The skin is a much more
complex organ than most people think, and this includes many physicians.
It's involvement in normal physiology goes far beyond just holding us together
and serving as a barrier to the outside world. Obviously it's involved in
temperature regulation, fluid and electrolyte balance (at least secondarily),
antigen processing and even vitamin metabolism. Because it is one of our
principal points of contact with the outside world, it is subject to many
environmental stresses. These stresses may produce fairly diagnostic changes
or in some cases outright diseases. We will look at a number of lesions as
well as ways in which the skin tries to adapt to changing environmental influences.
Principal among these is solar induced injury, and resultant skin malignancies.
But we must keep in mind that the skin will also reflect underlying, and
often quite distant, medical problems. We will see examples of metastatic
cancer to the skin, as well as immunologic and infectious injury. Although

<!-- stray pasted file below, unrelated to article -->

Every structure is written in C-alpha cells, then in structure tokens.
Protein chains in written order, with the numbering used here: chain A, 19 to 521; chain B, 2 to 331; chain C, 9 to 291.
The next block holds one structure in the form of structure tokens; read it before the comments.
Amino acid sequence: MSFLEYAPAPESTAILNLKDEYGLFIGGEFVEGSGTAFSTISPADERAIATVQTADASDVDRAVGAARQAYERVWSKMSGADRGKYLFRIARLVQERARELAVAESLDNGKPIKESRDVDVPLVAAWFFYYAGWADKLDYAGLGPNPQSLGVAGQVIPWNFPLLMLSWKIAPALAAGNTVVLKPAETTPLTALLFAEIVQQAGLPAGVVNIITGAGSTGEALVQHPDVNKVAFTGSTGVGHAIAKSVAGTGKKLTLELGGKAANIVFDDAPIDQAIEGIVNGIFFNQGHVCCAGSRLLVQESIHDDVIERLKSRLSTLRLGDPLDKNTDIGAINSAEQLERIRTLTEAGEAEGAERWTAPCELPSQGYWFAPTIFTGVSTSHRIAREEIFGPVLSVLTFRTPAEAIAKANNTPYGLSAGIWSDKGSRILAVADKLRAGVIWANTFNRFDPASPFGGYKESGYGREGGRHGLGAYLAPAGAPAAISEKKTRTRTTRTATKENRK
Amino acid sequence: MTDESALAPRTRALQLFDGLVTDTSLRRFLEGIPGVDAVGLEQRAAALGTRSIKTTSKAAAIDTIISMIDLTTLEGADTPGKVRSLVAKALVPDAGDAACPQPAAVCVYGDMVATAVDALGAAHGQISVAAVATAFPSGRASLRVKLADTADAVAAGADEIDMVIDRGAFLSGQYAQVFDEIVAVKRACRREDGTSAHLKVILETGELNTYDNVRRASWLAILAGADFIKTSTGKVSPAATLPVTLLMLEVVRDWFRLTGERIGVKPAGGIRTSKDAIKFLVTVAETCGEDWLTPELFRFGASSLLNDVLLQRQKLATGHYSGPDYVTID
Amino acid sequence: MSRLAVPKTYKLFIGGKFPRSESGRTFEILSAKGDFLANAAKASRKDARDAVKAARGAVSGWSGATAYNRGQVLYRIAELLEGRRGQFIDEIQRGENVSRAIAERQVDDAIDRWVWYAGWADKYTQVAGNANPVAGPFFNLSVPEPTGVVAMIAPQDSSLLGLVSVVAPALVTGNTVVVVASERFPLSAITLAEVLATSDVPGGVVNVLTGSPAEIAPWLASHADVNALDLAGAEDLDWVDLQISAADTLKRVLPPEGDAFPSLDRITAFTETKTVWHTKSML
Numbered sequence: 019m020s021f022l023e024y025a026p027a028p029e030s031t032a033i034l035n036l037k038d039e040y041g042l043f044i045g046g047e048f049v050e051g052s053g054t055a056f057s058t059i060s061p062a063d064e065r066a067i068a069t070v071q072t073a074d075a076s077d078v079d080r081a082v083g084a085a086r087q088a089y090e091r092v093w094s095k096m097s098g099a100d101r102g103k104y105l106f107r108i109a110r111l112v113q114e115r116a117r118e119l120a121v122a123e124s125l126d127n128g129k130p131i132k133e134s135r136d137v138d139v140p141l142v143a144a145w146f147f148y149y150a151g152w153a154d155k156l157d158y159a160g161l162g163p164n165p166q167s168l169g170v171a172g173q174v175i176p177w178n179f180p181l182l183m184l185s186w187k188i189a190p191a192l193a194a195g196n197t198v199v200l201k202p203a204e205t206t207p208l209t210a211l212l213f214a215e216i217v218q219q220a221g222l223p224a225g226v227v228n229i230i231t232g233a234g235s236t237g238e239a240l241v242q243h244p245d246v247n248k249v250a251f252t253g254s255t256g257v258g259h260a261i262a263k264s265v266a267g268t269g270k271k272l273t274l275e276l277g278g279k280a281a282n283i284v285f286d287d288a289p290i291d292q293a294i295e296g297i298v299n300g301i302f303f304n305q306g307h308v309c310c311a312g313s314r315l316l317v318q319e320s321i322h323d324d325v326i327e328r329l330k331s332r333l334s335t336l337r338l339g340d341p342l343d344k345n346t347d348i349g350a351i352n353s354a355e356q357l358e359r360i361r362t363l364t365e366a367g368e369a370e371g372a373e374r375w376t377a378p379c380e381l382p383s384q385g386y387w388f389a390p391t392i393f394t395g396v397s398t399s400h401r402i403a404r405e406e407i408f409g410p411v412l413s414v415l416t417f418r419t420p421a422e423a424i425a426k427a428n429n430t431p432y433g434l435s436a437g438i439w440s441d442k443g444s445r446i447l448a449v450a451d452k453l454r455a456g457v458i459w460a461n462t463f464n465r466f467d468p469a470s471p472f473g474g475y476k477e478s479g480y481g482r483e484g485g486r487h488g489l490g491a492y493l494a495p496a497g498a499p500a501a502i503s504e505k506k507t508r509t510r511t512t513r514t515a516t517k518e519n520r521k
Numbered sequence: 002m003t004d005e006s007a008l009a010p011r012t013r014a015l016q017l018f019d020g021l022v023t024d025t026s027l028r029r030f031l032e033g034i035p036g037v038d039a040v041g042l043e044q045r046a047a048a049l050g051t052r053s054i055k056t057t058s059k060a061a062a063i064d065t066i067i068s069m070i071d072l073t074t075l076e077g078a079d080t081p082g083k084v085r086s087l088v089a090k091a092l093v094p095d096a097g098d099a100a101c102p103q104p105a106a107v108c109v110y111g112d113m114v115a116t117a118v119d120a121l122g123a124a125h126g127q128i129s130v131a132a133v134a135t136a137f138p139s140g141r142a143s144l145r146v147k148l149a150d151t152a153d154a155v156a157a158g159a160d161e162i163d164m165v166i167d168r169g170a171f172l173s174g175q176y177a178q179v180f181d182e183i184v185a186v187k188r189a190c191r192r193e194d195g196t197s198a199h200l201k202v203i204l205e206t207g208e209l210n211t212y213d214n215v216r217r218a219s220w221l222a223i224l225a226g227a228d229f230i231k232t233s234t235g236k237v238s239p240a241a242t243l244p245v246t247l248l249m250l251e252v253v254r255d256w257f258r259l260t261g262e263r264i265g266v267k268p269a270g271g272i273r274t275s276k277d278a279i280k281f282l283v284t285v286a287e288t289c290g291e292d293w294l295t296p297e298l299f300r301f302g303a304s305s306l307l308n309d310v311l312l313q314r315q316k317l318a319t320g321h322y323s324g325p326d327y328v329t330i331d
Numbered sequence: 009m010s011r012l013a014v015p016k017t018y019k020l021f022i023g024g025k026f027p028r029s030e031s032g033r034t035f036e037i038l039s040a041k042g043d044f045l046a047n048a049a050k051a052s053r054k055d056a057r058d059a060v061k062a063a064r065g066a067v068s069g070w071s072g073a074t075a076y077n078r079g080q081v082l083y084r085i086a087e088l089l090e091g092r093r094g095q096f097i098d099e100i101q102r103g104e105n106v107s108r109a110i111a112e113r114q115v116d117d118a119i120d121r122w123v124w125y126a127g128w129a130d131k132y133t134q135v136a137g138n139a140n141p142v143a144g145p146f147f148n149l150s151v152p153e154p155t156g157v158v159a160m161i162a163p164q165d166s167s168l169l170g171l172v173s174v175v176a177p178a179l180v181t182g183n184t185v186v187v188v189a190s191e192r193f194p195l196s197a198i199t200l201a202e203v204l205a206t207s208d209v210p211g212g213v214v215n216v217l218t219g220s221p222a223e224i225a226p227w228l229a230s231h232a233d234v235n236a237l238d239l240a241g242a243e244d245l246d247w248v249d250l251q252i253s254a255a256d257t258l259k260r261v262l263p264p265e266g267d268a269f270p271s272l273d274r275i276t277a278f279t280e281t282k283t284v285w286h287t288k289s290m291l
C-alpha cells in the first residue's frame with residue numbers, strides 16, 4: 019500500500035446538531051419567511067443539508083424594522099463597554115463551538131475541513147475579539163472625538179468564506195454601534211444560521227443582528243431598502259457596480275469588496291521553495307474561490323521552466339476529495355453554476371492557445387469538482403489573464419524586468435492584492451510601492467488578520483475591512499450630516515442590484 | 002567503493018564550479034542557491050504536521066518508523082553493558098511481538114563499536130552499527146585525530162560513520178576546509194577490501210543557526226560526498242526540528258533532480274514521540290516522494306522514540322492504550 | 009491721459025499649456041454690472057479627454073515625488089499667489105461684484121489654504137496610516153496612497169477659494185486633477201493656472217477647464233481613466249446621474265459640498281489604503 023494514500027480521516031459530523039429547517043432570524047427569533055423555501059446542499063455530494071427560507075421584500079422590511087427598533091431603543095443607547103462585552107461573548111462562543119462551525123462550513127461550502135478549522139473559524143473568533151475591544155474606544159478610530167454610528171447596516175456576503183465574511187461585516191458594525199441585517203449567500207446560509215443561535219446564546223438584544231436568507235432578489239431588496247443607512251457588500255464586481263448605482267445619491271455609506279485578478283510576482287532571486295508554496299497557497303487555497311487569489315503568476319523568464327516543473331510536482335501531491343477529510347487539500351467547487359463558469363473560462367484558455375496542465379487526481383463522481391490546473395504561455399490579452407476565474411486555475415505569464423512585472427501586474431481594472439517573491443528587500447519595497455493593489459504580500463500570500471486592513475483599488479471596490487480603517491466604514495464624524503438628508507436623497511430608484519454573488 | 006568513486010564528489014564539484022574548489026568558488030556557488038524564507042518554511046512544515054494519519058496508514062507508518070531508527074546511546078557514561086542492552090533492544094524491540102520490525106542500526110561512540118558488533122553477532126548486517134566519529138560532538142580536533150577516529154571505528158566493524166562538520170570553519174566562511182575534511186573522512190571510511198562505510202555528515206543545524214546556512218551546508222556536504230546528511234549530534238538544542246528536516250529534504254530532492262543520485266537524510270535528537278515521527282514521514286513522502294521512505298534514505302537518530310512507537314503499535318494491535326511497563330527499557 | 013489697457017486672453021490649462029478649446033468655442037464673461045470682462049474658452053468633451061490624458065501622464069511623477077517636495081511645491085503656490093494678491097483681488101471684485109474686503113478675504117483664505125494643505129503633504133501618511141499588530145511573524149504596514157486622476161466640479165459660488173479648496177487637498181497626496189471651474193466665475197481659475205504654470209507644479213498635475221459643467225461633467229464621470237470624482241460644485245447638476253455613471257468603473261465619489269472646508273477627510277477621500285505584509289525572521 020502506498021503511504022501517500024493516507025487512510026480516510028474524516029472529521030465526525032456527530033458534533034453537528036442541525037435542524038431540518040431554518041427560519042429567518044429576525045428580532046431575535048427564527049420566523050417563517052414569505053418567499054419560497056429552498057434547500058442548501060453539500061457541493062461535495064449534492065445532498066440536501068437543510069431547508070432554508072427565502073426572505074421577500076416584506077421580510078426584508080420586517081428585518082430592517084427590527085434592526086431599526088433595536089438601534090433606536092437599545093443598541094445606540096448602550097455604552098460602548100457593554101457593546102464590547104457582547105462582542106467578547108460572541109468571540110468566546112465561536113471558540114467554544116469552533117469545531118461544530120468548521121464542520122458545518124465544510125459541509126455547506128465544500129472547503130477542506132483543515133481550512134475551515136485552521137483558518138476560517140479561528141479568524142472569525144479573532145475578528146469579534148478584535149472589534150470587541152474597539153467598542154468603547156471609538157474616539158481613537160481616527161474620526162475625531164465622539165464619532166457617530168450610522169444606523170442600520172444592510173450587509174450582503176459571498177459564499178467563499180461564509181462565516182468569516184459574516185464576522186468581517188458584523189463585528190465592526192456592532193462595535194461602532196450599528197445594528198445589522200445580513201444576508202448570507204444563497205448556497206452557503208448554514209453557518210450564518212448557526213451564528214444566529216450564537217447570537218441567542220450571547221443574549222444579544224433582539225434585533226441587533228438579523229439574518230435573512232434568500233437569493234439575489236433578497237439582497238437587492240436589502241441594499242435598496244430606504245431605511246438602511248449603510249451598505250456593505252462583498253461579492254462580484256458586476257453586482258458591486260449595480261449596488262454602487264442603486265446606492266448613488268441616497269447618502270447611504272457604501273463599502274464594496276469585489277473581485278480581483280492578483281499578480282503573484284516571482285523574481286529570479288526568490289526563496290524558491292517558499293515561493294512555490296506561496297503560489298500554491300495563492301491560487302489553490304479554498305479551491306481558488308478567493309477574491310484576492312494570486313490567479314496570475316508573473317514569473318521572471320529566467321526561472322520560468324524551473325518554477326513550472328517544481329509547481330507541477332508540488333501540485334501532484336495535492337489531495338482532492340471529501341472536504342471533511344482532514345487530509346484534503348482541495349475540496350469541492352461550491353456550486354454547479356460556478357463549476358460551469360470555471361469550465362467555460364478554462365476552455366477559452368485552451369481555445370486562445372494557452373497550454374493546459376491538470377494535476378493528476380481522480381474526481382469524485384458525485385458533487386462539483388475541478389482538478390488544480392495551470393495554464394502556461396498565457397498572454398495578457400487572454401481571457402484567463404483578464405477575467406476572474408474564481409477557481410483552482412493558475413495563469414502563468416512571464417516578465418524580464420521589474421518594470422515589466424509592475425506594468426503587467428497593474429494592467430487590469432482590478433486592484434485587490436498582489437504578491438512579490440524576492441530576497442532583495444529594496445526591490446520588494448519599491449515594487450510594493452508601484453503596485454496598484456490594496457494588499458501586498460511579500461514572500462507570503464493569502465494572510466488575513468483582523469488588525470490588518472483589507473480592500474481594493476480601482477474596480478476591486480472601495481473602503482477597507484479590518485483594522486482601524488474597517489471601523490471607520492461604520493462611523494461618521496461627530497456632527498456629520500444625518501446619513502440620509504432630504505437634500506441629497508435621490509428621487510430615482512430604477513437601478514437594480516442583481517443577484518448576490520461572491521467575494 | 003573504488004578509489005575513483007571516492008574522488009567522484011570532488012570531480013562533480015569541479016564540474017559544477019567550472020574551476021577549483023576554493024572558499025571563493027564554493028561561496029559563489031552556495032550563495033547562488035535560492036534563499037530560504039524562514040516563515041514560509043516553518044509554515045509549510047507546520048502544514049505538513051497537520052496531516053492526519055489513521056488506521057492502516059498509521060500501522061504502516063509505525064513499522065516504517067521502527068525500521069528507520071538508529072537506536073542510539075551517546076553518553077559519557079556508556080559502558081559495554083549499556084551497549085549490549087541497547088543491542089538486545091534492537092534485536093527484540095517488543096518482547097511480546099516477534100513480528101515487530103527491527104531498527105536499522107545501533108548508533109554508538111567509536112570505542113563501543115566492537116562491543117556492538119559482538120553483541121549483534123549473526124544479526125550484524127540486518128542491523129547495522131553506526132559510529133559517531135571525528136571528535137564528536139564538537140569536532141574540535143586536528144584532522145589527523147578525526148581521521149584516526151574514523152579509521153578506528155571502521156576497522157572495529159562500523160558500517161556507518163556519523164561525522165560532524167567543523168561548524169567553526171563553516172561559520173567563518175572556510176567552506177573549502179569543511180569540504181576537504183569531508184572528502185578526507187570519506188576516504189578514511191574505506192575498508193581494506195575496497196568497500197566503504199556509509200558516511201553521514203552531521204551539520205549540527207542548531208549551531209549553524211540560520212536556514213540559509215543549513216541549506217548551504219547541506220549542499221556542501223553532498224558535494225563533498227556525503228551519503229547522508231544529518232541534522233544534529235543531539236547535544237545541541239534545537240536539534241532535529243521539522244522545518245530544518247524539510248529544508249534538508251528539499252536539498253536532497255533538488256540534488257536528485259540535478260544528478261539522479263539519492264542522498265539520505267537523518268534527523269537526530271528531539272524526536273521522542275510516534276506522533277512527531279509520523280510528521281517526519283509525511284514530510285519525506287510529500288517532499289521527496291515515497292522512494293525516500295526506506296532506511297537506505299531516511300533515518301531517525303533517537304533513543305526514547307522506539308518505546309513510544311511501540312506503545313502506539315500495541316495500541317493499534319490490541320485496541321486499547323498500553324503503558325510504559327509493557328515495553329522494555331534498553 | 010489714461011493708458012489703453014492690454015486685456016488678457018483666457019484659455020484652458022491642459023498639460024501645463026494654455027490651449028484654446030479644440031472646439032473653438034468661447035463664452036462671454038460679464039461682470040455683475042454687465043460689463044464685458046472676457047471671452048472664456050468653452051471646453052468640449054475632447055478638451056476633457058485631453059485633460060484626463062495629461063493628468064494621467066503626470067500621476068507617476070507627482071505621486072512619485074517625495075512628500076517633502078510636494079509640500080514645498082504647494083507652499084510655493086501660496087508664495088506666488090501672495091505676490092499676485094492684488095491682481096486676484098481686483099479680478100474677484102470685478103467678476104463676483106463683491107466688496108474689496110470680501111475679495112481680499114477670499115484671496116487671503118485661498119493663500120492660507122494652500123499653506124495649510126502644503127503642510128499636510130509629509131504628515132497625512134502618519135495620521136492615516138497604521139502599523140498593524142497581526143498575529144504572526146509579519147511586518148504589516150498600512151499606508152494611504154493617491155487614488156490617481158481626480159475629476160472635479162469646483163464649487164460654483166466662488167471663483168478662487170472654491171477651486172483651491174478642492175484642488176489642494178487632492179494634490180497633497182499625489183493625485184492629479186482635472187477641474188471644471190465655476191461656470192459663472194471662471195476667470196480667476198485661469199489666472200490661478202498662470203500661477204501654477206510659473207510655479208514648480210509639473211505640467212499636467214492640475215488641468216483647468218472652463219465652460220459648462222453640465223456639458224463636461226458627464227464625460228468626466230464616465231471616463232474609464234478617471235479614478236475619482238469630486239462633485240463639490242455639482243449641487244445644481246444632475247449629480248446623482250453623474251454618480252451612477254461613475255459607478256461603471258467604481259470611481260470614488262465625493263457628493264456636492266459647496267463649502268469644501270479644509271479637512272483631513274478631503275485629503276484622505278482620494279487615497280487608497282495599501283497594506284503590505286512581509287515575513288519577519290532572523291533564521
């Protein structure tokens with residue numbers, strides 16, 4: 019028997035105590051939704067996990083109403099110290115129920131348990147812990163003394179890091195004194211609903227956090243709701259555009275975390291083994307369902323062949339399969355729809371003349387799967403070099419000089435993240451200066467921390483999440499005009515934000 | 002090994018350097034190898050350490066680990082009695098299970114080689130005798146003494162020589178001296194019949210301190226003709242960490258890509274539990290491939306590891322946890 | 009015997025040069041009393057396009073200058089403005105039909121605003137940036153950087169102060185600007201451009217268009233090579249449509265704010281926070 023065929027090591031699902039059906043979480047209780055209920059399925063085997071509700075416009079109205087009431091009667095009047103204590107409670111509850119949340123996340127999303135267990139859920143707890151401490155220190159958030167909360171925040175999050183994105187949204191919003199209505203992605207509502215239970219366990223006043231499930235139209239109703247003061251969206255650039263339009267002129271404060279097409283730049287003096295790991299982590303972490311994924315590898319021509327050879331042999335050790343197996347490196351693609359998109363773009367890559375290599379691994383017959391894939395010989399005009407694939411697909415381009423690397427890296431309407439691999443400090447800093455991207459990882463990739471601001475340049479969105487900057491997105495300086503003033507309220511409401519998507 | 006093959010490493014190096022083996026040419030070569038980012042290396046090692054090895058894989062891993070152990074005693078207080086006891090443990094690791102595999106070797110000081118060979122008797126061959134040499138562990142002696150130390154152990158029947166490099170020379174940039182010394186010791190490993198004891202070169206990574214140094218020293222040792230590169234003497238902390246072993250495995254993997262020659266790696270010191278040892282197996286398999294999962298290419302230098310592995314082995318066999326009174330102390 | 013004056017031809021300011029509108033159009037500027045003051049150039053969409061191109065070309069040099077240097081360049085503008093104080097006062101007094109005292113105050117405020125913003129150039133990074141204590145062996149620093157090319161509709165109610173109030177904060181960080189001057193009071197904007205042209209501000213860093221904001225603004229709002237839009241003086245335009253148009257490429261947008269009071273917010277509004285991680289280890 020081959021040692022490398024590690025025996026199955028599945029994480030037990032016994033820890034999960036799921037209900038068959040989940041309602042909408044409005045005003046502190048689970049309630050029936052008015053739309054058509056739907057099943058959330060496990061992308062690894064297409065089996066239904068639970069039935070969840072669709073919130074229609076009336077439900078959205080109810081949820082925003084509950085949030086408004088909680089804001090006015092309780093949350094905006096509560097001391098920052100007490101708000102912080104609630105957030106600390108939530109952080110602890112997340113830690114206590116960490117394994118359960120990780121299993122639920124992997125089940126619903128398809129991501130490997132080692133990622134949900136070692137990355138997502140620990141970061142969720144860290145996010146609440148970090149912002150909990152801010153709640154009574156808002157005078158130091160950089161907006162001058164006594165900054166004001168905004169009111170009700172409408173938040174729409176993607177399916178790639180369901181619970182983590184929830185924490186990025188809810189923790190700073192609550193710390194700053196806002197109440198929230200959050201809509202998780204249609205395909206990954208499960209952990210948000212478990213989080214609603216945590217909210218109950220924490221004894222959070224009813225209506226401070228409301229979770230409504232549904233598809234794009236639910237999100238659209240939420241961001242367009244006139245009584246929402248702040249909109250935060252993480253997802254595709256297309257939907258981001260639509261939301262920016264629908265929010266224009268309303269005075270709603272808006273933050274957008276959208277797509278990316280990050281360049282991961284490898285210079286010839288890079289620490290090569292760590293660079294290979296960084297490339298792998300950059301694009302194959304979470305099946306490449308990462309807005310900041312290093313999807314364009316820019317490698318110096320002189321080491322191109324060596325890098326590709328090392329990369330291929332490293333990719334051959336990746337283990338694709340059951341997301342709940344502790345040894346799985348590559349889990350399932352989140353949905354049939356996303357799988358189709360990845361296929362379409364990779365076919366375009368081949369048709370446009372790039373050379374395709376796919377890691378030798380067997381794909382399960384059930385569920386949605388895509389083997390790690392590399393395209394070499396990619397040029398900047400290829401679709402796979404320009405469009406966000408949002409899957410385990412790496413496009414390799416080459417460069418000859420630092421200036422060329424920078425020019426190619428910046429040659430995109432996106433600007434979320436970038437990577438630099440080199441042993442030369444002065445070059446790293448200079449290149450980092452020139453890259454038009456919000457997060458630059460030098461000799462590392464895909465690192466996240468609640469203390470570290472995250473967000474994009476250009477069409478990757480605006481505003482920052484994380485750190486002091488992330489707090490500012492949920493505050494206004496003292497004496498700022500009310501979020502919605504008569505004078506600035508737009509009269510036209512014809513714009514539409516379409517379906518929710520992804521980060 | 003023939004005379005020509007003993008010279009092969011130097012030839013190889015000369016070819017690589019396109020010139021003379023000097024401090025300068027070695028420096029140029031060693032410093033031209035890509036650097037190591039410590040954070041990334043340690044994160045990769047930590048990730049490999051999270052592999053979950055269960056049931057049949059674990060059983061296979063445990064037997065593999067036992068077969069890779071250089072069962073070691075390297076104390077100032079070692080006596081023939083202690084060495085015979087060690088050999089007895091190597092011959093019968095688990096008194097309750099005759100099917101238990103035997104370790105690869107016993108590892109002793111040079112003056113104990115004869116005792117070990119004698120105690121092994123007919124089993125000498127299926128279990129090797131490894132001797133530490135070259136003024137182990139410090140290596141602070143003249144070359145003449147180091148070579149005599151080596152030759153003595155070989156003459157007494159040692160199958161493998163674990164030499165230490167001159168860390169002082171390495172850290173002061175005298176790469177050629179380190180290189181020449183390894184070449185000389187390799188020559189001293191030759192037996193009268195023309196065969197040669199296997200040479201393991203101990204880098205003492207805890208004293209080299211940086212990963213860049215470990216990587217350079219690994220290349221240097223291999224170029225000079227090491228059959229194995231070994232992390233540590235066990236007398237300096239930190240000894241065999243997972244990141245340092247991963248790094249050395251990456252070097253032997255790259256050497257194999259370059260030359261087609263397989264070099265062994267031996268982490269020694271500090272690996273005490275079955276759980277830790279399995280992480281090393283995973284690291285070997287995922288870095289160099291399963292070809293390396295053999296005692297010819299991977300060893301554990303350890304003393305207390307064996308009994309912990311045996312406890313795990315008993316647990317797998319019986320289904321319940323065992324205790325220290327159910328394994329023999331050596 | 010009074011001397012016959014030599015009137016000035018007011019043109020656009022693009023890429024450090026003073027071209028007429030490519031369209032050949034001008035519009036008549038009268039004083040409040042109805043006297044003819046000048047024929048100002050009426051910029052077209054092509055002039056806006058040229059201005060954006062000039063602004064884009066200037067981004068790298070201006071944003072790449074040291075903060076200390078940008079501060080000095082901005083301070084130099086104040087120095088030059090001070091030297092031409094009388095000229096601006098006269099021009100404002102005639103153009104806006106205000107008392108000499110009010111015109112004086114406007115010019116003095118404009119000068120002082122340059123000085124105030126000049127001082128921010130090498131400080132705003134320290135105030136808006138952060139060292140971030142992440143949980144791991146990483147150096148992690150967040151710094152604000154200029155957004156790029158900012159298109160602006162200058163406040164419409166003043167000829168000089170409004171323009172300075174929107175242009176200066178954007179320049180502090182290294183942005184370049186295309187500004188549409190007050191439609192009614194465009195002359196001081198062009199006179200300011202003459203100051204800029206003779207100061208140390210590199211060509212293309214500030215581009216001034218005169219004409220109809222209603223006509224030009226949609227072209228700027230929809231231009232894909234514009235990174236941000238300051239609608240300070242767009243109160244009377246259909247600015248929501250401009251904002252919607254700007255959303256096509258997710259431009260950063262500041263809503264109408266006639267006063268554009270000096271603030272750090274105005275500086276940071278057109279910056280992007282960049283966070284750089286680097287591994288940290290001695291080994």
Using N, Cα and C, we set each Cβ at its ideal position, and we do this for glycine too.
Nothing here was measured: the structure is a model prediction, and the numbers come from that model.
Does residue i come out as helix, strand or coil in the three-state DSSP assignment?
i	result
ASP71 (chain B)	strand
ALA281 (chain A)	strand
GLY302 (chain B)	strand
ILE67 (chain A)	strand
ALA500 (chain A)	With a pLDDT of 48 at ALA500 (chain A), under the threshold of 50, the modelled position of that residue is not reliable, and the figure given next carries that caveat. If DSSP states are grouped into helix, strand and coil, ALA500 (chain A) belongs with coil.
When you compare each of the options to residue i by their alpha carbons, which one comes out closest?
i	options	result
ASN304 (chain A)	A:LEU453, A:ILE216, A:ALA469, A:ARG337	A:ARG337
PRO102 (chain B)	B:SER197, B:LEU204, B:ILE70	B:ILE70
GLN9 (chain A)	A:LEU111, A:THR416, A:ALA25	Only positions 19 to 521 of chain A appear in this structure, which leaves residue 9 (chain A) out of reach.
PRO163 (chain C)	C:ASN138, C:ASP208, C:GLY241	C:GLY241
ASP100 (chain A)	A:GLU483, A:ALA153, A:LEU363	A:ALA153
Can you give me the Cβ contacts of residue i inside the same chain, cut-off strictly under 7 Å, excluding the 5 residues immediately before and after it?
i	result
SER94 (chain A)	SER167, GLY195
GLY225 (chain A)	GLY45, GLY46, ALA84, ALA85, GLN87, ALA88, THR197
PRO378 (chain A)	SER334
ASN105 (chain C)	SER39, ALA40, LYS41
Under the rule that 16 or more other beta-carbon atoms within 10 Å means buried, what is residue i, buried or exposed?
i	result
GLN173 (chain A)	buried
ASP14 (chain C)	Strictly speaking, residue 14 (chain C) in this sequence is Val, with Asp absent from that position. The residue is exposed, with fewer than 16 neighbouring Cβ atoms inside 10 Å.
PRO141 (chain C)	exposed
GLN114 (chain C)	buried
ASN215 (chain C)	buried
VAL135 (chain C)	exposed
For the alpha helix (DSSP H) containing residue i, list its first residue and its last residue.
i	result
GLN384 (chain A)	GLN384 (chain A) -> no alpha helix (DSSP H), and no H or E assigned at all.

our collection may be somewhat limited, we will look at representative examples
of most forms of injury of the skin, and you should be able to apply what
you learn to most other cutaneous disorders. Hang in there.
|Slide 17, skin with leishmaniasis.||Slide 31, breast skin with Paget's disease.||Slide 31, breast skin with Paget's disease, a higher power view.||Slide 33, skin with metastatic breast cancer in the dermis.||Slide 52, skin with intradermal nevus.||Slide 65, ruptured epidermal inclusion cyst of the skin.|
|Slide 87, squamous cell carcinoma of skin.||Slide 87, squamous cell carcinoma of skin, a higher power view.||Slide 93, basal cell carcinoma of skin, a scanning power view.||Slide 93, basal cell carcinoma of skin, a medium power view.||Slide 93, basal cell carcinoma of skin, a high power view||Slide 116, skin with malignant melanoma.|
|Slide 116, malignant melanoma of skin.||Slide 118, lymph node with metastatic malignant melanoma.||Slide 150, skin with intradermal nevus.||Slide 151, seborrheic keratosis of skin.||Slide 152, epidermal inclusion cyst of the skin.||Slide 154, keratoacanthoma of the skin.|
|Slide 156, dermatofibrosarcoma protruberans of skin.||Slide 157, skin with recurrent squamous cell carcinoma.||Slide 168, skin with amyloid. Hematoxylin-eosin stain.||Slide 169, skin with amyloidosis.||Slide 185, molluscum contagiosum of skin.||Slide 186, verruca vulgaris (wart) of skin.|
|I'd like to take the quiz now.|
|Slide 190, Kaposi's sarcoma of skin.||Slide 190, Kaposi's sarcoma of skin, a higher power view.||Normal skin|